Organic matter is important in soil not only because it acts like a sponge holding water, but also, since it is the remains of once-living organisms, because it contains much the same rainbow of minerals as once the organisms did, and therefore is very nutrient rich. Organic matter also improves a soil by loosening it up, making it easier for plant roots, earthworms, and other living things to penetrate it.

An addition of loess to a sandy soil also increases the sandy soil's available water. Available water is the water readily absorbed by plant roots. A handful of soil that's been dug up and deposited on a table will have water in it, even if that water does not drain onto the table. The water is held as a thin layer on each soil particle. If the water layer is thick enough, plant roots coming into contact with the particle will be able to absorb that water, even if the water is held tightly enough by the particle that it doesn't drain onto the table. Water thus available is... available water. However, if the layer of water on the particle is so thin that the particle's ability to hold onto it is greater than the root's ability to pry it loose, then that's.., unavailable water. The point is that loess-size particles typically have absorbed to them more available water than sand grains or tiny particles of clay.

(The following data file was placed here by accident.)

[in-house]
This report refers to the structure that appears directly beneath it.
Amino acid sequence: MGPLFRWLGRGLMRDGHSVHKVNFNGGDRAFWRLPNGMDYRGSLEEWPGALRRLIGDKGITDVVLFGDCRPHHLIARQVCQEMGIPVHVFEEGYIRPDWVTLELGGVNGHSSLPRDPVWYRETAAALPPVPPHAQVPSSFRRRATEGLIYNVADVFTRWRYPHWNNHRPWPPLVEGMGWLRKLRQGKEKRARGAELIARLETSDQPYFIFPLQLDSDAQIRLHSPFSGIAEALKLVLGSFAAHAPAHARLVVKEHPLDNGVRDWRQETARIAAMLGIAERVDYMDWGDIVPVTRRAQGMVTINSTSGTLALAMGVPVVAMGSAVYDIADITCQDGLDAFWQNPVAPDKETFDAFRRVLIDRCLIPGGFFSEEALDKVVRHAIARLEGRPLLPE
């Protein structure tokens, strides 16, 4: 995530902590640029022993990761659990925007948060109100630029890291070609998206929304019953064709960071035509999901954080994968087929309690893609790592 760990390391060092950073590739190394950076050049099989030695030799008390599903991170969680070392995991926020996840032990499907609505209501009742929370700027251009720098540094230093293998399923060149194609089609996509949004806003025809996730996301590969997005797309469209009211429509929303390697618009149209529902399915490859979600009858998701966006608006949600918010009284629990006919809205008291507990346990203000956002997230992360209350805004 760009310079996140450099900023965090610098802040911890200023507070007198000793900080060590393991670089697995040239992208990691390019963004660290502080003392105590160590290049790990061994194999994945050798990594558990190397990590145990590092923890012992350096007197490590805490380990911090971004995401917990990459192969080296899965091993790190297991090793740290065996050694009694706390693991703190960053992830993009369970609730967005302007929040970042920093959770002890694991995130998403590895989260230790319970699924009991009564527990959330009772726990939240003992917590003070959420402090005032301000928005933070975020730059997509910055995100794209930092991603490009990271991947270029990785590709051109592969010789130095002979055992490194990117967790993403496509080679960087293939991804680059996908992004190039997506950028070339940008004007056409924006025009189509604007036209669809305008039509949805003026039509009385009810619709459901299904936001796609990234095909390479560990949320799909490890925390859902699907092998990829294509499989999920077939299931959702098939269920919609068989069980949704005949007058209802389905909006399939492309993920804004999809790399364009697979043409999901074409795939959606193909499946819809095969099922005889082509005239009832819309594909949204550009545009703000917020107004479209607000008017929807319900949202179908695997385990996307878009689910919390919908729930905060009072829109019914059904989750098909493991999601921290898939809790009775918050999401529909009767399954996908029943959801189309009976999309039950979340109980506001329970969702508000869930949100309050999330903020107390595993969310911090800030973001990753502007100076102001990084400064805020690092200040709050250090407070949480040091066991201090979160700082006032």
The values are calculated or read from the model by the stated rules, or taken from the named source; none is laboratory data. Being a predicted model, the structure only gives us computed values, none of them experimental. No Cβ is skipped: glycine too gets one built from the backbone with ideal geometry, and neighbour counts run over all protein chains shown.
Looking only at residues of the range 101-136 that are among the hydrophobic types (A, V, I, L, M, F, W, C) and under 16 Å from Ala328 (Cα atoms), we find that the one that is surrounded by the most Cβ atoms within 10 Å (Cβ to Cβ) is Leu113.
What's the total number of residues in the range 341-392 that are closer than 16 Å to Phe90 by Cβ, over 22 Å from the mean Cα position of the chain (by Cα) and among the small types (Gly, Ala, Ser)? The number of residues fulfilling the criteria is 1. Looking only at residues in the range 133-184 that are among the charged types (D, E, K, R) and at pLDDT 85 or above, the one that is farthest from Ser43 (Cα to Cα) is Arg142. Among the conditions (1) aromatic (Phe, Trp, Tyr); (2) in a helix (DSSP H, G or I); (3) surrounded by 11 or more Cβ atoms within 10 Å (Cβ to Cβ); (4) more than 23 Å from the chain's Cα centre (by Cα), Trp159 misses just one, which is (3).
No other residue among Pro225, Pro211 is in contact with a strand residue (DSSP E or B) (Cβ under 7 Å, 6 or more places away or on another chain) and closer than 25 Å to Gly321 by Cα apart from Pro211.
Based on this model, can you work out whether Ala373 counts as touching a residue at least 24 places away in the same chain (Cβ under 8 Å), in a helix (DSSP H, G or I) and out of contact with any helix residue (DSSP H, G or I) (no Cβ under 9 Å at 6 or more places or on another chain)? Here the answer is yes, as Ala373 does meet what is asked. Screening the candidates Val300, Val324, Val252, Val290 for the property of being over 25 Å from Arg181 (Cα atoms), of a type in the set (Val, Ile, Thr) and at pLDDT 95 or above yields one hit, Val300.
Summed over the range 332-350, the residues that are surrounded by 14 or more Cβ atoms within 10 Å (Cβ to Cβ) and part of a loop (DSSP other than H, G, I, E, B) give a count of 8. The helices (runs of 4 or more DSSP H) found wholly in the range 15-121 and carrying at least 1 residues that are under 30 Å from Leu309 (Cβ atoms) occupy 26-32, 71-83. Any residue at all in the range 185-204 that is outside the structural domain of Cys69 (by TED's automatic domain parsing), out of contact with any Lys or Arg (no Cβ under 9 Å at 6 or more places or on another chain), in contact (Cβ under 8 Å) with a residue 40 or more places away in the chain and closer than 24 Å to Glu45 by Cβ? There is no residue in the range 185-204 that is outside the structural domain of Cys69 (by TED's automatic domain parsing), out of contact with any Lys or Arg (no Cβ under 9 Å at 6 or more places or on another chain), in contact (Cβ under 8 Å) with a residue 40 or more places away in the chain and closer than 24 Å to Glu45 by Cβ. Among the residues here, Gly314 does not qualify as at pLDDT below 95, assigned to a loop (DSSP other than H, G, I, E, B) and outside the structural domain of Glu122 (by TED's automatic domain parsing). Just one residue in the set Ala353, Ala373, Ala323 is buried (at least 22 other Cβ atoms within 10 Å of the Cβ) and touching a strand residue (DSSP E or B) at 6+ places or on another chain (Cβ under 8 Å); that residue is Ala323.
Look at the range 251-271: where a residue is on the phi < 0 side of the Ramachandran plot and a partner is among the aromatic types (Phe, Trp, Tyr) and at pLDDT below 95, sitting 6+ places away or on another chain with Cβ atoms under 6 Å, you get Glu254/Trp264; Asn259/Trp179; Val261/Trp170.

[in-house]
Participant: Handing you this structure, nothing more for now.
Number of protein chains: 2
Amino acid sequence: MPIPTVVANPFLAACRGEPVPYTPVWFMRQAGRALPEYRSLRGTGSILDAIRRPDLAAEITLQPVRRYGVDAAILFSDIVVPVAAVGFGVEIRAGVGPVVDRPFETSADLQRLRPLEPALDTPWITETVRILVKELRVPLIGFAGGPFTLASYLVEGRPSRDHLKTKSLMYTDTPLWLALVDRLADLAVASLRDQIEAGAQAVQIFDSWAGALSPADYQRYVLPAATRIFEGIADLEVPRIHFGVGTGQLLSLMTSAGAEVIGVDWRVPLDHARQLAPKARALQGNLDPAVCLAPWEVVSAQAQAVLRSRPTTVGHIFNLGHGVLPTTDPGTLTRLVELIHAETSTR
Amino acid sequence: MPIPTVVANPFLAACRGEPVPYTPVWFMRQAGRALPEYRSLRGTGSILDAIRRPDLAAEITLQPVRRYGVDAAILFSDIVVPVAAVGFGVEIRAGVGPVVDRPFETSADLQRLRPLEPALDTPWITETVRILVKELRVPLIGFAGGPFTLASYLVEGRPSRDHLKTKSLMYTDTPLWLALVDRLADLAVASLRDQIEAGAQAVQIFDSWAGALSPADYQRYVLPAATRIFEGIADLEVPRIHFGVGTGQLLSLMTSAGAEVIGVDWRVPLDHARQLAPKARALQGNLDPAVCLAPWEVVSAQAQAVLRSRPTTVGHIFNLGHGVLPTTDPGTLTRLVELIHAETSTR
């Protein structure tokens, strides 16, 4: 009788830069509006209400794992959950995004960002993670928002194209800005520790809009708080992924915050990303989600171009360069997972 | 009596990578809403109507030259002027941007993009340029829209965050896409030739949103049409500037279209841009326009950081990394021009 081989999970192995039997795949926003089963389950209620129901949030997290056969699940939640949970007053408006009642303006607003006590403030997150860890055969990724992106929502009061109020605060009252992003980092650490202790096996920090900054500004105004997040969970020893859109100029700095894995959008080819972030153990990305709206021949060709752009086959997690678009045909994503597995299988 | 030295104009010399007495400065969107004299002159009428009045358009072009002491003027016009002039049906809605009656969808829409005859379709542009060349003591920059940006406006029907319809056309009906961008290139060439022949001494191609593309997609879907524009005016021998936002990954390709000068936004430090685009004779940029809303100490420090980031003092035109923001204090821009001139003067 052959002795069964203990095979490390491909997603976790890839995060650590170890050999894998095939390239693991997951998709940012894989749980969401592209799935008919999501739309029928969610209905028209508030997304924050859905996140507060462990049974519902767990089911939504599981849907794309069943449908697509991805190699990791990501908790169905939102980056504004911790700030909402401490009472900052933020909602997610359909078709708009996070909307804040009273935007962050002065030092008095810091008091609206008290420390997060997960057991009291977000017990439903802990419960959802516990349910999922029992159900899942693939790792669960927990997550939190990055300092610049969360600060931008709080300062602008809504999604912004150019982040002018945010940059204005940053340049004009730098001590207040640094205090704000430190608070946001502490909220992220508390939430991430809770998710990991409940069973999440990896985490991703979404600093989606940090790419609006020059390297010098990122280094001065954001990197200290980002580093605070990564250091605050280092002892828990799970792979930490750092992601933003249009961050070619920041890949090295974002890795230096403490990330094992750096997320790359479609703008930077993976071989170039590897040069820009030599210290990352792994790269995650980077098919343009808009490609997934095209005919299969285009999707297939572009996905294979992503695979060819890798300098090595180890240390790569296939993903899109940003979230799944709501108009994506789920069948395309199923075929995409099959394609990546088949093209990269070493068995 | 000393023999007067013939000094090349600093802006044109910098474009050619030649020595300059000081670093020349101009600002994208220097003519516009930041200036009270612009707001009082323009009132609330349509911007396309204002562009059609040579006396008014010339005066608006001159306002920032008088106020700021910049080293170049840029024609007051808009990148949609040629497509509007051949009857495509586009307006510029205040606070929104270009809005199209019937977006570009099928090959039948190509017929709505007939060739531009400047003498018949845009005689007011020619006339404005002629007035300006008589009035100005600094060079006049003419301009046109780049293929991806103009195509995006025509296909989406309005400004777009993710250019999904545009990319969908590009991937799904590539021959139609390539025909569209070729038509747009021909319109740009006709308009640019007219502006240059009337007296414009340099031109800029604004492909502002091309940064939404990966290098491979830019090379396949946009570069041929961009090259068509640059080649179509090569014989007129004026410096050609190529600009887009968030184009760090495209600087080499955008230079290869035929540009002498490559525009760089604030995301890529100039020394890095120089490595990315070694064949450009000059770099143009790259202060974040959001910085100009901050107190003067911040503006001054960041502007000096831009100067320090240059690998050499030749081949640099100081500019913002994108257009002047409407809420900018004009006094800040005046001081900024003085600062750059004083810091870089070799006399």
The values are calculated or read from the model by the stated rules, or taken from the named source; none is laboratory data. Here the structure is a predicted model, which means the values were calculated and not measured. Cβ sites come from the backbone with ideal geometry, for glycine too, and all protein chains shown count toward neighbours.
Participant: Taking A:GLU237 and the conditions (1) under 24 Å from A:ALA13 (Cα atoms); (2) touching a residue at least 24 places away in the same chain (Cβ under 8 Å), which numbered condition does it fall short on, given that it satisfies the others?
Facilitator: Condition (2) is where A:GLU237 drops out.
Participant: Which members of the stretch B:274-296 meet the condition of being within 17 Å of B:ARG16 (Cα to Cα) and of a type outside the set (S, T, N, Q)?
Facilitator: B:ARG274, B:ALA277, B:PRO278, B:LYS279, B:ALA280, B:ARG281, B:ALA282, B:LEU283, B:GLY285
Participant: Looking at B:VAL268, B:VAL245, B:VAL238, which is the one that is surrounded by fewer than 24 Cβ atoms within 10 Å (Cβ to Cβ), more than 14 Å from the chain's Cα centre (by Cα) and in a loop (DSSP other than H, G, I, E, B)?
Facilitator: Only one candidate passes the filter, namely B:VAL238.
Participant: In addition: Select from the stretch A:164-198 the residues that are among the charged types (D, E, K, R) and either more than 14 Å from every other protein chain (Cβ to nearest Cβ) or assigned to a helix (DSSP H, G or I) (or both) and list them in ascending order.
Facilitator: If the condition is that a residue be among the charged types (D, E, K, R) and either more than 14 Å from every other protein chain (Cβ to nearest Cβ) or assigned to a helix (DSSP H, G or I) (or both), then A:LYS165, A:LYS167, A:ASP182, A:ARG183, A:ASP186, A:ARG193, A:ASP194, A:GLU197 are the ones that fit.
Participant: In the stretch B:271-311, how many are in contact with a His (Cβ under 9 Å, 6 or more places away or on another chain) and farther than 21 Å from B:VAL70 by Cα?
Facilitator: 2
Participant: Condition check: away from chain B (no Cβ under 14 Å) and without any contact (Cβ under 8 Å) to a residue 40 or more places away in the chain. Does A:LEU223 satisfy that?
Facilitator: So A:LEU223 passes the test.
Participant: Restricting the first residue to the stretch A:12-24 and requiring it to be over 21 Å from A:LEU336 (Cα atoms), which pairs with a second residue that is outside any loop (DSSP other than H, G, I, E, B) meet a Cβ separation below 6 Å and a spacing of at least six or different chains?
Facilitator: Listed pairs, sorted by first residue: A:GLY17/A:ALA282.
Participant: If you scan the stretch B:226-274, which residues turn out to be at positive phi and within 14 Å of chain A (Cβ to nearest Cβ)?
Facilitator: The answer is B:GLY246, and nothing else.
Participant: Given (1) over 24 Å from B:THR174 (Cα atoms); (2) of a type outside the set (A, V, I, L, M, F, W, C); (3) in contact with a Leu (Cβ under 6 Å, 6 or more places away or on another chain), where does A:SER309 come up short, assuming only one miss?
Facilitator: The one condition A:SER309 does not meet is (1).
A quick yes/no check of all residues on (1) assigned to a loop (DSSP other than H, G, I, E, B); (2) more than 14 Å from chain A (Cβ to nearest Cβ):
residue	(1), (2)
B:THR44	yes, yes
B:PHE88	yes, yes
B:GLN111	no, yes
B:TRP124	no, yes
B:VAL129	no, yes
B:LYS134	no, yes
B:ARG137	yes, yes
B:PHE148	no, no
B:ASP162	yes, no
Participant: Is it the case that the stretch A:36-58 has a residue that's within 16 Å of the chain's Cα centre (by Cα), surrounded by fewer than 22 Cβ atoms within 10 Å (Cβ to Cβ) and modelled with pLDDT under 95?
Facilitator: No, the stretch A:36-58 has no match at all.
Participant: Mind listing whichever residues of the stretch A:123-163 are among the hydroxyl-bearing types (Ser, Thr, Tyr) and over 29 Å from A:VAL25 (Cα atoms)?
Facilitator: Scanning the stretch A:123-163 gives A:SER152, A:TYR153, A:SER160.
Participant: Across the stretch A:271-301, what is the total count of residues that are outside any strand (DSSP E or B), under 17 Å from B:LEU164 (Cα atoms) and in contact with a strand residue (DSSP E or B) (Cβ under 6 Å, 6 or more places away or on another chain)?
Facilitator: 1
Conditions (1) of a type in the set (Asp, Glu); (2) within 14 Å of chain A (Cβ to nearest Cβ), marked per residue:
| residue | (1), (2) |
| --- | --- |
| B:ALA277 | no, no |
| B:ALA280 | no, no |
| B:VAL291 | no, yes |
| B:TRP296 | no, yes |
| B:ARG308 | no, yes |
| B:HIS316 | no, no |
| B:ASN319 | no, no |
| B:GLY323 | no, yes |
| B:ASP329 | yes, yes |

Some faculty and students at Millsaps College in Jackson (C.D. Caplenor, et al) studied the effects of Mississippi loess on the amount of available water in Mississippi. They measured available water in various locations where there was "thick loess," "thin loess," and "upland non-loess." Here are the results, expressed in percent water by dry weight:

THICK LOESS
19.8%

THIN LOESS
12.5%

UPLAND NON-LOESS
9.0%

Clearly, the addition of loess to our soils has been a blessing for all plants needing water from the soil, and all animals depending on those plants.

Loess can also make a soil's pH more congenial for living things. Soil pH is a measure of the soil's acidity or alkalinity. Other things being equal, and dealing with average soils, the higher the soil's pH (the less acid it is) the more nutrients become available for plants and animals in and on the soil. Technically, a soil's ability to hold important nutrients such as calcium, magnesium, and potassium is referred to as its cation-exchange capacity. A typical acid soil with a pH of 4 may have a cation-exchange capacity of only 85 me./100 g; an alkaline soil with similar structure but with a pH of 8 may have a capacity of around 210 me./100 g.